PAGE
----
Today, this bed holds the wild dogwood I transplanted from a friend’s yard, a rice paper bush, a cloned dogwood from the National Phenology Network, some bearded irises, some white dwarf crested irises, some Asiatic lilies, a couple of Eastern columbines, 4 varieties of hellebores/Lenten roses, a small patch of cranesbill, a Bigleaf magnolia, one tea bush, a bear’s breeches, a Daphne odora, 2 kinds of ivy, a Japanese maple, a red camellia, 5 mums and I sowed seeds for 2 heights of zinnias, portulaca and impatiens today.
I have debated with myself about writing about flowers here. But my hands get itchy in the Spring and I am more likely to plant something that blooms than something to eat. And the 2 things aren’t mutually exclusive.
I have a row of roses down one side of our back fence and irises between the blueberry bushes on the other side. Irises are also scattered around in some other places.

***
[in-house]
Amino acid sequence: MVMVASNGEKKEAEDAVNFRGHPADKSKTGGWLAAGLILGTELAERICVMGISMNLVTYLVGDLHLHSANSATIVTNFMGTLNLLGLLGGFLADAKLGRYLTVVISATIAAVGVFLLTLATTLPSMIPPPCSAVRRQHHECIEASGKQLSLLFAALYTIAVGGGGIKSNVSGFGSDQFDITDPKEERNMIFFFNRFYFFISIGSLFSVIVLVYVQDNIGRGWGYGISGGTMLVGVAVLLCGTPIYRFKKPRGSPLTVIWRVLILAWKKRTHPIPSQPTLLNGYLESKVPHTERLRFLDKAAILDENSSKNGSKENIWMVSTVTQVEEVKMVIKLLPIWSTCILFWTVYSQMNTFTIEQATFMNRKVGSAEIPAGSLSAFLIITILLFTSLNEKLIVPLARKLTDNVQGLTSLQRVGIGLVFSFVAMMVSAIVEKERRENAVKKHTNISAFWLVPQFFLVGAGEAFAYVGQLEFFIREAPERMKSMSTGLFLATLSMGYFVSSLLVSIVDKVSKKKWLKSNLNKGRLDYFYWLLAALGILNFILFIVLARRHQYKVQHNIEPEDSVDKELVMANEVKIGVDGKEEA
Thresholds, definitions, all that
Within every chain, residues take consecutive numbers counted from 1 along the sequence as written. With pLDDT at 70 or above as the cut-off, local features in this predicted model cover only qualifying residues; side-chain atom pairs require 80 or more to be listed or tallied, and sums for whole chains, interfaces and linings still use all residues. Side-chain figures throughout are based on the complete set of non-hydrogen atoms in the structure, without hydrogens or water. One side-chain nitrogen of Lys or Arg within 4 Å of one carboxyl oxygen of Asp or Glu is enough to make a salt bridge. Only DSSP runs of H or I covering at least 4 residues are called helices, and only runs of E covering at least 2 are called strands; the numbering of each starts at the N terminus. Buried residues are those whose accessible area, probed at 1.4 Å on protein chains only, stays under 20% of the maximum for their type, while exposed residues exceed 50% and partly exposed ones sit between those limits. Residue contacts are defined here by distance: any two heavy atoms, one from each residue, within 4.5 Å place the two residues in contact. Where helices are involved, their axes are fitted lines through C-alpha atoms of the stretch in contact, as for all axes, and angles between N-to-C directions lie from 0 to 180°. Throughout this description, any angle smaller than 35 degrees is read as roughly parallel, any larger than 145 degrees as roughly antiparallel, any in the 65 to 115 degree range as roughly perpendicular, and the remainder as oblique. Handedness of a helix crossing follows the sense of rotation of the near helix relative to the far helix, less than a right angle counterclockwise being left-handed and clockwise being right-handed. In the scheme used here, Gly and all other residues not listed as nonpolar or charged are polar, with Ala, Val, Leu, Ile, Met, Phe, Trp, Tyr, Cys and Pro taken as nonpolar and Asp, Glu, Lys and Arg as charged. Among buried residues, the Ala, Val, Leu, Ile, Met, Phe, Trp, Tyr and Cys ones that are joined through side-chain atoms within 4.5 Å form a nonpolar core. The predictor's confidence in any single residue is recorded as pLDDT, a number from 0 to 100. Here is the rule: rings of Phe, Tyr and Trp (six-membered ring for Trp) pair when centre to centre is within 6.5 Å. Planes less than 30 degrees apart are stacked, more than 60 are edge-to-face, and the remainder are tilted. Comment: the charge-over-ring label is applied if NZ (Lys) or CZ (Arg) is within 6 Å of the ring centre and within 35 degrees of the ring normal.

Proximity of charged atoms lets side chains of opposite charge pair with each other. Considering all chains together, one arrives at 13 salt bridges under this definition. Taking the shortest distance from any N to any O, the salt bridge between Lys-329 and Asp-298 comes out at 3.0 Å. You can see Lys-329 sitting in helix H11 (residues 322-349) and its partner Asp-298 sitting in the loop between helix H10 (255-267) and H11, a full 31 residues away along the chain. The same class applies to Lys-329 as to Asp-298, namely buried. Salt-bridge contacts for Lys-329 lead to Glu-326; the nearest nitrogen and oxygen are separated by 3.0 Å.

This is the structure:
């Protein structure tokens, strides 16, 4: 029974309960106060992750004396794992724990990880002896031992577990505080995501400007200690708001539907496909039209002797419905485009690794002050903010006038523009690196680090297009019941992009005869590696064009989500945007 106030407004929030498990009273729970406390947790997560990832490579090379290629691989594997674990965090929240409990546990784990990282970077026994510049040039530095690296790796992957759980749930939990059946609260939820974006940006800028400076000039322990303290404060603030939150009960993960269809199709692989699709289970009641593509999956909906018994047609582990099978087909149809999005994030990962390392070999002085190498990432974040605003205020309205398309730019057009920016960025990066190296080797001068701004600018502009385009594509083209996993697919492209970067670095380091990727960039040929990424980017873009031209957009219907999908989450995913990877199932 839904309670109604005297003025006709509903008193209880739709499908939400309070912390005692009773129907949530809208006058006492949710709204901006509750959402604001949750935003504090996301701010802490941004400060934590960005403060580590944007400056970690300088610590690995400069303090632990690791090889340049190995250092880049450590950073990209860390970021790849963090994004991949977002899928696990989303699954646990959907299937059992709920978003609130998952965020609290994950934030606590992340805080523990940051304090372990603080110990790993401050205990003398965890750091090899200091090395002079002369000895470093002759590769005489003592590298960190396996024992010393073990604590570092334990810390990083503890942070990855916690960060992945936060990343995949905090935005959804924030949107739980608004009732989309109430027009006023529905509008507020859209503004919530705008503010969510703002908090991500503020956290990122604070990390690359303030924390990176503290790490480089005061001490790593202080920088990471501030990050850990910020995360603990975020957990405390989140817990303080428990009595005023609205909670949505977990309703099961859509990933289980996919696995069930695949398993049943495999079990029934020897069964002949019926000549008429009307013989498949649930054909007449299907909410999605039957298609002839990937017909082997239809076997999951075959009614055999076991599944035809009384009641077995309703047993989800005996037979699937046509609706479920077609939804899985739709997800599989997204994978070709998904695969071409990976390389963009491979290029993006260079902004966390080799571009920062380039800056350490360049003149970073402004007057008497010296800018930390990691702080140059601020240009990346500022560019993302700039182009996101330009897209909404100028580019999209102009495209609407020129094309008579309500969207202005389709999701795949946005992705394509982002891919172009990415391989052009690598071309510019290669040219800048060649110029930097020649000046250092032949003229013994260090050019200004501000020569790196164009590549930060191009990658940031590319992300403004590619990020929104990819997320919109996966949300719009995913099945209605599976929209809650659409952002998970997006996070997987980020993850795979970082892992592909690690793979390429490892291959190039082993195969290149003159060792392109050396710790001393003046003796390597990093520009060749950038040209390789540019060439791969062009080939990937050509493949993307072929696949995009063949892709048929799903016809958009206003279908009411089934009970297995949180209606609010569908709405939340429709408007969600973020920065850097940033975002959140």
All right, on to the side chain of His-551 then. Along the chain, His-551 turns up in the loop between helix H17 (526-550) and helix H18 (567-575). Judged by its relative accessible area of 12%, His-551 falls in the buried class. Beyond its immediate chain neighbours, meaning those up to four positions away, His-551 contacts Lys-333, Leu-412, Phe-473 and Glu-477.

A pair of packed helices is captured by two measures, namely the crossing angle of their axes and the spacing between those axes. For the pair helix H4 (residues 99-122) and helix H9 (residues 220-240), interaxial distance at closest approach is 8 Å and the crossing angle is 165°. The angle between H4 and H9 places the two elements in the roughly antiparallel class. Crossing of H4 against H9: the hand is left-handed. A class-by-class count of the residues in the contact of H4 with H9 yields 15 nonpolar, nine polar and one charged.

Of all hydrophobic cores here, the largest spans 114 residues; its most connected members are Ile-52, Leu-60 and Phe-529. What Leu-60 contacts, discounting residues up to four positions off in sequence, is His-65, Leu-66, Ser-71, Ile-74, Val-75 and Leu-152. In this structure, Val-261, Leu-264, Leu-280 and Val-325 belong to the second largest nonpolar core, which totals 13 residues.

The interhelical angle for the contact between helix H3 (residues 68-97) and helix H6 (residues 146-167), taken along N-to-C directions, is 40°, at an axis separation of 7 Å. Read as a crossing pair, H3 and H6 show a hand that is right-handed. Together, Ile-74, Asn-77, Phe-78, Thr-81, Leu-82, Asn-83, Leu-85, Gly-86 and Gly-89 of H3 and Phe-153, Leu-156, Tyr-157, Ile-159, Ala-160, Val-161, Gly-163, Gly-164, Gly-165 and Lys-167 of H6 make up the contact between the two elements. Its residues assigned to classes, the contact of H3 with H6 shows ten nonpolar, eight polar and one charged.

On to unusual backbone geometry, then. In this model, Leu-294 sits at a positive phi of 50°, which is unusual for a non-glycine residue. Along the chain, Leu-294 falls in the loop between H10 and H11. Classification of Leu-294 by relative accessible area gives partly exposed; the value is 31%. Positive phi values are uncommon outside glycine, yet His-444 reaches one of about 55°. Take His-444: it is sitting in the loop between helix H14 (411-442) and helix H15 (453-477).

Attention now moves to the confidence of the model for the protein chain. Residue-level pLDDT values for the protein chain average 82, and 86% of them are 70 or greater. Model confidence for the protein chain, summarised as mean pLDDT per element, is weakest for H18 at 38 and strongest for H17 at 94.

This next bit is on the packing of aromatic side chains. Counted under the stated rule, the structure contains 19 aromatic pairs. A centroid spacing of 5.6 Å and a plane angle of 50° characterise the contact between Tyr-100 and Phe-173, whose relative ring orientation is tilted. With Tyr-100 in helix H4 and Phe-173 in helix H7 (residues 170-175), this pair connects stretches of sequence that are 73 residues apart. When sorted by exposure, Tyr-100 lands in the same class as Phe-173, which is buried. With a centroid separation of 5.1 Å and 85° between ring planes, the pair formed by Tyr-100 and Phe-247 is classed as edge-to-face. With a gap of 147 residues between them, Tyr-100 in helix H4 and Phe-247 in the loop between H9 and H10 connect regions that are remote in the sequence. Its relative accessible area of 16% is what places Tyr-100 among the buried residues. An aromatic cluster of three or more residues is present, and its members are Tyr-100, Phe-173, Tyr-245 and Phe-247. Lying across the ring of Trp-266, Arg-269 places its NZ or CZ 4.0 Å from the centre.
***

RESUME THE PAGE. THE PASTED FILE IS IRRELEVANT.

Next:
Usually, I plant plants and, occasionally, I plant seeds. I haven’t always been successful with seeds, so I tend to prefer getting little pots of things already started. But, zinnias and marigolds have been successful with seeds. Cypress vine seeds a couple of years ago would have been more successful if I had remembered I’d planted them and not weeded most of them out. However, I have put zinnia seeds over by the roses and shook marigold seeds there last Fall. There are some Chinese Lantern seeds by the sunchoke bed and purple coneflower seeds planted at the end of the row nearest the Don Juan.
I get fretful waiting for things to bloom and made a spreadsheet to help me keep up. Chuck thinks that a little obsessive, but it’s interesting to me to see how the weather affects my plants. And it helps me keep from fretting when I want to see blooms a months before it’s reasonable.
That’s probably a fair warning.